My long obit of Andrew Breitbart went up last night. Referring to a famous person as a "friend" carries a stench of the name-drop. Pardon me this once: Andrew was a friend. We were introduced by a mutual pal in 2007, when Breitbart.com was an interesting Internet curio, but no one was hassling Breitbart for a TV hit or a second book deal. (His first book, Hollywood Interrupted, sold well, but I'm guessing you forgot it existed.) After 2009, when he became an icon who was mobbed by trackers when he showed up at the wrong places, he remained a friend, calling to talk about new music, calling to pick my brain about a story he was trying to break.
It hit me, after I filed this piece, why Breitbart was so good at understanding the pulse of the reader. He didn't differentiate between the powerful and the ordinary. If you spotted Breitbart at one of the conventions he was asked to speak at after 2009, he was rarely hobnobbing with reporters or other speakers. He was sitting out in public. He would talk to anyone who had a story for him. Plenty of times, he ushered me or another reporter over to meet someone who just told him about something newsy, like a clash with Occupy protesters.
This is rarer than you'd think. If you cover enough political events, you see a lot of speakers, and reporters, clustering amongst themselves, maybe talking to fans, then retreating to talk to each other. Breitbart would drink with friends but bring new people into the mix. This was exactly how his content worked -- there was a flat landscape of news where other media might have put up gates.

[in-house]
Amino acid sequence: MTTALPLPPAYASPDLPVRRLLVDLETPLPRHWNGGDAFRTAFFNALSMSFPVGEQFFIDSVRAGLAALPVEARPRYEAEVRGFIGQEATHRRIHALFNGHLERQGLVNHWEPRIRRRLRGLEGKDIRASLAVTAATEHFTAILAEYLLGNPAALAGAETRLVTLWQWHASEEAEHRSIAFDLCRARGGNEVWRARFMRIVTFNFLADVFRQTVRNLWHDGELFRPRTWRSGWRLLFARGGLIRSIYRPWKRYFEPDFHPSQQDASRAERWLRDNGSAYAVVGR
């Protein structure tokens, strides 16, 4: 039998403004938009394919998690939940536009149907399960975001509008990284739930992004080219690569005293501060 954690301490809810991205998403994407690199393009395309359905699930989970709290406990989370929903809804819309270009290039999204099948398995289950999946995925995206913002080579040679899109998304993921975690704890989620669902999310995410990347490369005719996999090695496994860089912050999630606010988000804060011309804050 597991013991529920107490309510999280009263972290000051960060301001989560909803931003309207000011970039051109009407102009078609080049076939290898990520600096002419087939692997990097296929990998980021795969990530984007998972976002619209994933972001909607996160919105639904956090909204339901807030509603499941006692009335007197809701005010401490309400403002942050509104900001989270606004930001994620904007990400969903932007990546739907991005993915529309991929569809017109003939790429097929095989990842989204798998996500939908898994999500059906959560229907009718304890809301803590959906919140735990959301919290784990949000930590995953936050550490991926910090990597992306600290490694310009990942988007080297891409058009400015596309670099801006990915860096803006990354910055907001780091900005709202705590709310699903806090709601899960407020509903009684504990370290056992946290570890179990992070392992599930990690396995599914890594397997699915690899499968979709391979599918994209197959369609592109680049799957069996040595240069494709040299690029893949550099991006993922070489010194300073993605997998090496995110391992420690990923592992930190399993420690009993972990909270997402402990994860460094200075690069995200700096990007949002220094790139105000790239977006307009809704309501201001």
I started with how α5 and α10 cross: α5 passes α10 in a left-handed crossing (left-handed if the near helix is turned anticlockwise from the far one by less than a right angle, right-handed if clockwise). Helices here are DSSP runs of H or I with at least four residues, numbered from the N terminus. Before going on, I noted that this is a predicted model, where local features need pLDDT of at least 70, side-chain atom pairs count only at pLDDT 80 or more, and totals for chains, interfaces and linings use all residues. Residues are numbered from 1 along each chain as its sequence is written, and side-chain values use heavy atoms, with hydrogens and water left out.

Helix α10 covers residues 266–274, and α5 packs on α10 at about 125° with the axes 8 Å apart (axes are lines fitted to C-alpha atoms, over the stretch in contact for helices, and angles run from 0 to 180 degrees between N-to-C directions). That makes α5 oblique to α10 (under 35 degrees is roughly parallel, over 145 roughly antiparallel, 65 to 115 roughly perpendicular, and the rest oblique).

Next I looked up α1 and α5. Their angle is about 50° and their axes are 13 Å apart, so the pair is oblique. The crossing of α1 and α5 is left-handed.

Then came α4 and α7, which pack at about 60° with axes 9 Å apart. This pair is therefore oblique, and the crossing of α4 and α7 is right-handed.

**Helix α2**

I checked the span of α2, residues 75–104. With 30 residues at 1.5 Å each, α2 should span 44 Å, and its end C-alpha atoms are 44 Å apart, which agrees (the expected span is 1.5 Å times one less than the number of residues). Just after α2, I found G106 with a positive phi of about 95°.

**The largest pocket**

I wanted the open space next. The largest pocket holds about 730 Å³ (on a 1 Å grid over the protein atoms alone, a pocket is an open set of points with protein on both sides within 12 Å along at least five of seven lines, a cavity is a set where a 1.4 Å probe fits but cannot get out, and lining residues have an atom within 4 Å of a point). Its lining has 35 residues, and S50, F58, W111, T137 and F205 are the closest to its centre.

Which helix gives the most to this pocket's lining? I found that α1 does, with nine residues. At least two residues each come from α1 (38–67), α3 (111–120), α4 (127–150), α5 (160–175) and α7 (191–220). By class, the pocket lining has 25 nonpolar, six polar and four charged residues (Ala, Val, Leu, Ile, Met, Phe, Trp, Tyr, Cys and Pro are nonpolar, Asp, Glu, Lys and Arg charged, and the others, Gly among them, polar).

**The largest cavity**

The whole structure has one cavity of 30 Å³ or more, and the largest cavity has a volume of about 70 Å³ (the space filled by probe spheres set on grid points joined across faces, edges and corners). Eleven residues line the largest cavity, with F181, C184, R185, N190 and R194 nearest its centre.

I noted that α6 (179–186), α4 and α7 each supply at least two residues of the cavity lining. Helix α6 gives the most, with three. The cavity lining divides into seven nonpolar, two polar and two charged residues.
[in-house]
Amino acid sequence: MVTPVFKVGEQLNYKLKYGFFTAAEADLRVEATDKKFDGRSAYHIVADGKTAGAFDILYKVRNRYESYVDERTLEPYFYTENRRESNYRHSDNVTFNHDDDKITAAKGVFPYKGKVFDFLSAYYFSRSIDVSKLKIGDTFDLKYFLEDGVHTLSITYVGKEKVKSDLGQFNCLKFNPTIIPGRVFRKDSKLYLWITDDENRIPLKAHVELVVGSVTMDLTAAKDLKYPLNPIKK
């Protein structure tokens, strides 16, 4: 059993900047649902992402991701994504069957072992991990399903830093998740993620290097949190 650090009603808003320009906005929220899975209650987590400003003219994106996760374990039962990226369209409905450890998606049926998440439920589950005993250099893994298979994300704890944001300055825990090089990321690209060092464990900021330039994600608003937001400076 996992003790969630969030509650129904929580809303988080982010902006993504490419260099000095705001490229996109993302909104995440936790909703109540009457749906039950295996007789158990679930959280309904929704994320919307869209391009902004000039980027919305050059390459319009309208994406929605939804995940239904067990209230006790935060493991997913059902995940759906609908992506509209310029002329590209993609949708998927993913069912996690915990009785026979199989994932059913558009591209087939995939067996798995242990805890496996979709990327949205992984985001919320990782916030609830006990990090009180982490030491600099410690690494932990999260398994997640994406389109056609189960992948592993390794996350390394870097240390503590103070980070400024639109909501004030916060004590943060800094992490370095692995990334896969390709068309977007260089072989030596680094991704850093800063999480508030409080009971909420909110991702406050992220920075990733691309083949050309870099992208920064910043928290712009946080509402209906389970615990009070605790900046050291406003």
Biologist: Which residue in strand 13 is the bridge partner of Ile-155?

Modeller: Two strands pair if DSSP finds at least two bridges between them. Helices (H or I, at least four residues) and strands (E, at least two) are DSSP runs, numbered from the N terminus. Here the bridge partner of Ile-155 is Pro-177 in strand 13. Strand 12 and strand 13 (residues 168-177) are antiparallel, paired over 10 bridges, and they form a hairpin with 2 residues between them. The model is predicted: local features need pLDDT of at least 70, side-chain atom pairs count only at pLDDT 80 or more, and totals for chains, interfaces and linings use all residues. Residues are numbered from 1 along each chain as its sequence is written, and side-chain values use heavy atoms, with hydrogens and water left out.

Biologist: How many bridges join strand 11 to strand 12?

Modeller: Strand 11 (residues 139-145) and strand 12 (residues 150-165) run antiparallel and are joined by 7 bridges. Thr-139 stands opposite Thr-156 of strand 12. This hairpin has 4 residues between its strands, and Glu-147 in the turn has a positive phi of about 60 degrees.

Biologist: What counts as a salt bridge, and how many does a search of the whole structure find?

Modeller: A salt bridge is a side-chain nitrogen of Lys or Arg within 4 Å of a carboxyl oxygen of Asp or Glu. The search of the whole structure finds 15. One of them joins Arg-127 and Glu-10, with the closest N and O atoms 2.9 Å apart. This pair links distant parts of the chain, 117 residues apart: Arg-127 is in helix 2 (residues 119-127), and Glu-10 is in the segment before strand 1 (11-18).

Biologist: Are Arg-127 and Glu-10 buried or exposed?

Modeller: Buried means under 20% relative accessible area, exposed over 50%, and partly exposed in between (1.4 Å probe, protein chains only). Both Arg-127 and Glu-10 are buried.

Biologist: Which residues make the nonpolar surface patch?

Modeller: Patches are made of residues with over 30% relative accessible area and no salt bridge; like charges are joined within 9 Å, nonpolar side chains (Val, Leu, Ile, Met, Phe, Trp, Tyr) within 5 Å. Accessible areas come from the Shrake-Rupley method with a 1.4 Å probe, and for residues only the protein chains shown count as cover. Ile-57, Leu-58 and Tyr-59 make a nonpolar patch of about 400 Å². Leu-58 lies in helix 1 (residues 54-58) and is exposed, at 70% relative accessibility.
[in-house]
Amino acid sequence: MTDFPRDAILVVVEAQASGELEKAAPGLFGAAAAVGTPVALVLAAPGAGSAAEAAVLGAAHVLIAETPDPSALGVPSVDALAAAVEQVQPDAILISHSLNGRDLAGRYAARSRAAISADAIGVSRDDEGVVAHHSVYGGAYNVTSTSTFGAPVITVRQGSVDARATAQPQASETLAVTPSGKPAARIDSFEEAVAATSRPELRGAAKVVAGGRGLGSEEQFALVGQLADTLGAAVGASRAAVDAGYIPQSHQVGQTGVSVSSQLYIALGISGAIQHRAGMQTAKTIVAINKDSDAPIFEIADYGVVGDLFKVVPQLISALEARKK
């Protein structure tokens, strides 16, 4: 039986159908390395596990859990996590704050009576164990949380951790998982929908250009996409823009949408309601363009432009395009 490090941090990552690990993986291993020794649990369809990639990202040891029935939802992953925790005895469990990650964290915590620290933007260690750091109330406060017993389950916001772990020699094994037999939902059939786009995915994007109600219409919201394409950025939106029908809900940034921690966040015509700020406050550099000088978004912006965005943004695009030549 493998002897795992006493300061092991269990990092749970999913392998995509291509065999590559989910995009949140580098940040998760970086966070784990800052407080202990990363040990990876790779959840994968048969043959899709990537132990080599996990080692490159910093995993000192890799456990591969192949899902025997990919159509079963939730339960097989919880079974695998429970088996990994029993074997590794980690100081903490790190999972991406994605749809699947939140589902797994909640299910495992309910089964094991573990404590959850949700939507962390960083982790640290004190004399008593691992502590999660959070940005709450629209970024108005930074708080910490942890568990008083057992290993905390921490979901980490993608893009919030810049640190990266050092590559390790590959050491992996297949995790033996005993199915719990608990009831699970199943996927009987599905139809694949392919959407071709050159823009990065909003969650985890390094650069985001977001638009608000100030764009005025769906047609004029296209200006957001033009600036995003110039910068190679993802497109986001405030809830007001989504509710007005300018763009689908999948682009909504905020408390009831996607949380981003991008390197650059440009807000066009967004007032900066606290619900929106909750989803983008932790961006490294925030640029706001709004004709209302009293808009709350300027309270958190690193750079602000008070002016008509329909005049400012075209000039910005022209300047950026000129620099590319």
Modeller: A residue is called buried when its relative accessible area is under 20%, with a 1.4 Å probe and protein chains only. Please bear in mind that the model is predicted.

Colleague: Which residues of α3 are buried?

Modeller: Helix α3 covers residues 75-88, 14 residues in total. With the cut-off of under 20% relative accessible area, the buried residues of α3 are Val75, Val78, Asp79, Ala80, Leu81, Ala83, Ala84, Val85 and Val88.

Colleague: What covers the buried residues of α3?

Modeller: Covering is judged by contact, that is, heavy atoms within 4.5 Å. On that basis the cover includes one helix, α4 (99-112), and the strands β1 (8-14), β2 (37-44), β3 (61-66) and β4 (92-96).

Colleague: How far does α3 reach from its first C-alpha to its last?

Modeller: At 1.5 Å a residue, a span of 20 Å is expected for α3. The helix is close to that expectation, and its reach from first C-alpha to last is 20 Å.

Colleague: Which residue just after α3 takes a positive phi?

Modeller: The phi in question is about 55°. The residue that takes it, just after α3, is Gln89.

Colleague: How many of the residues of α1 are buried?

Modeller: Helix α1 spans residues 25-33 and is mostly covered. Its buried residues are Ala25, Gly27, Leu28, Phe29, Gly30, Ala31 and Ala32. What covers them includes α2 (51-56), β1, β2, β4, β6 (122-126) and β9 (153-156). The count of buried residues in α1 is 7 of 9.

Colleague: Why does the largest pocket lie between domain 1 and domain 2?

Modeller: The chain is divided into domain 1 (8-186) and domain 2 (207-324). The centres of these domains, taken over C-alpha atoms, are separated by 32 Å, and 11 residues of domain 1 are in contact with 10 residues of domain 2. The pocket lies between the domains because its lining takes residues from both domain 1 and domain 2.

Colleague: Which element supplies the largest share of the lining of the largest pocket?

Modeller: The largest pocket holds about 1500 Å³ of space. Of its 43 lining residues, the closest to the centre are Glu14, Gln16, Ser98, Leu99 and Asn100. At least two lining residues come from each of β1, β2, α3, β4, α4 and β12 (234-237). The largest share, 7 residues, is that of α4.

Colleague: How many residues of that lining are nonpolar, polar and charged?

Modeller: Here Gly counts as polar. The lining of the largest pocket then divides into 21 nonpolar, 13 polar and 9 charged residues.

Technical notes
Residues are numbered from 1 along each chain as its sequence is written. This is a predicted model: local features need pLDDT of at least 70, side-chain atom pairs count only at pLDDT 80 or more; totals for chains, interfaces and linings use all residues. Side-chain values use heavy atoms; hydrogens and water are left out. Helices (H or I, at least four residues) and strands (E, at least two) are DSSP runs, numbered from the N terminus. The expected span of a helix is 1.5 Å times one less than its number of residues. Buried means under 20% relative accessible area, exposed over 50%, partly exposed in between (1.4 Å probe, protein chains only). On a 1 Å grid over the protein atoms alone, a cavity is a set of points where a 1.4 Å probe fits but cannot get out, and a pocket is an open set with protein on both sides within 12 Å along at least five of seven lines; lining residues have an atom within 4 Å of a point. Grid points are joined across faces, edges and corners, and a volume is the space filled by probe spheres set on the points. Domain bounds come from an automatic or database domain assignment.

Breitbart kept that up in his last public "statement." He tweeted back and forth with Lamar Smith, a guy who never met him, to settle an argument. If you scan Breitbart's Twitter feed, you notice that he did a lot of this.
"I understand the reason I am being asked to comment is because his last tweet was an earnest apology to me," said Smith via email. "Although I disagreed with him profoundly on politics and policy, I will always respect and admire his tenacious wit and his willingness to engage others in provocative conversation. That's what free speech is about, and whether one agreed with him or not, it's impossible to deny his commitment to the First Amendment and the open and free exchange of ideas. I send my condolences to all of his family and friends."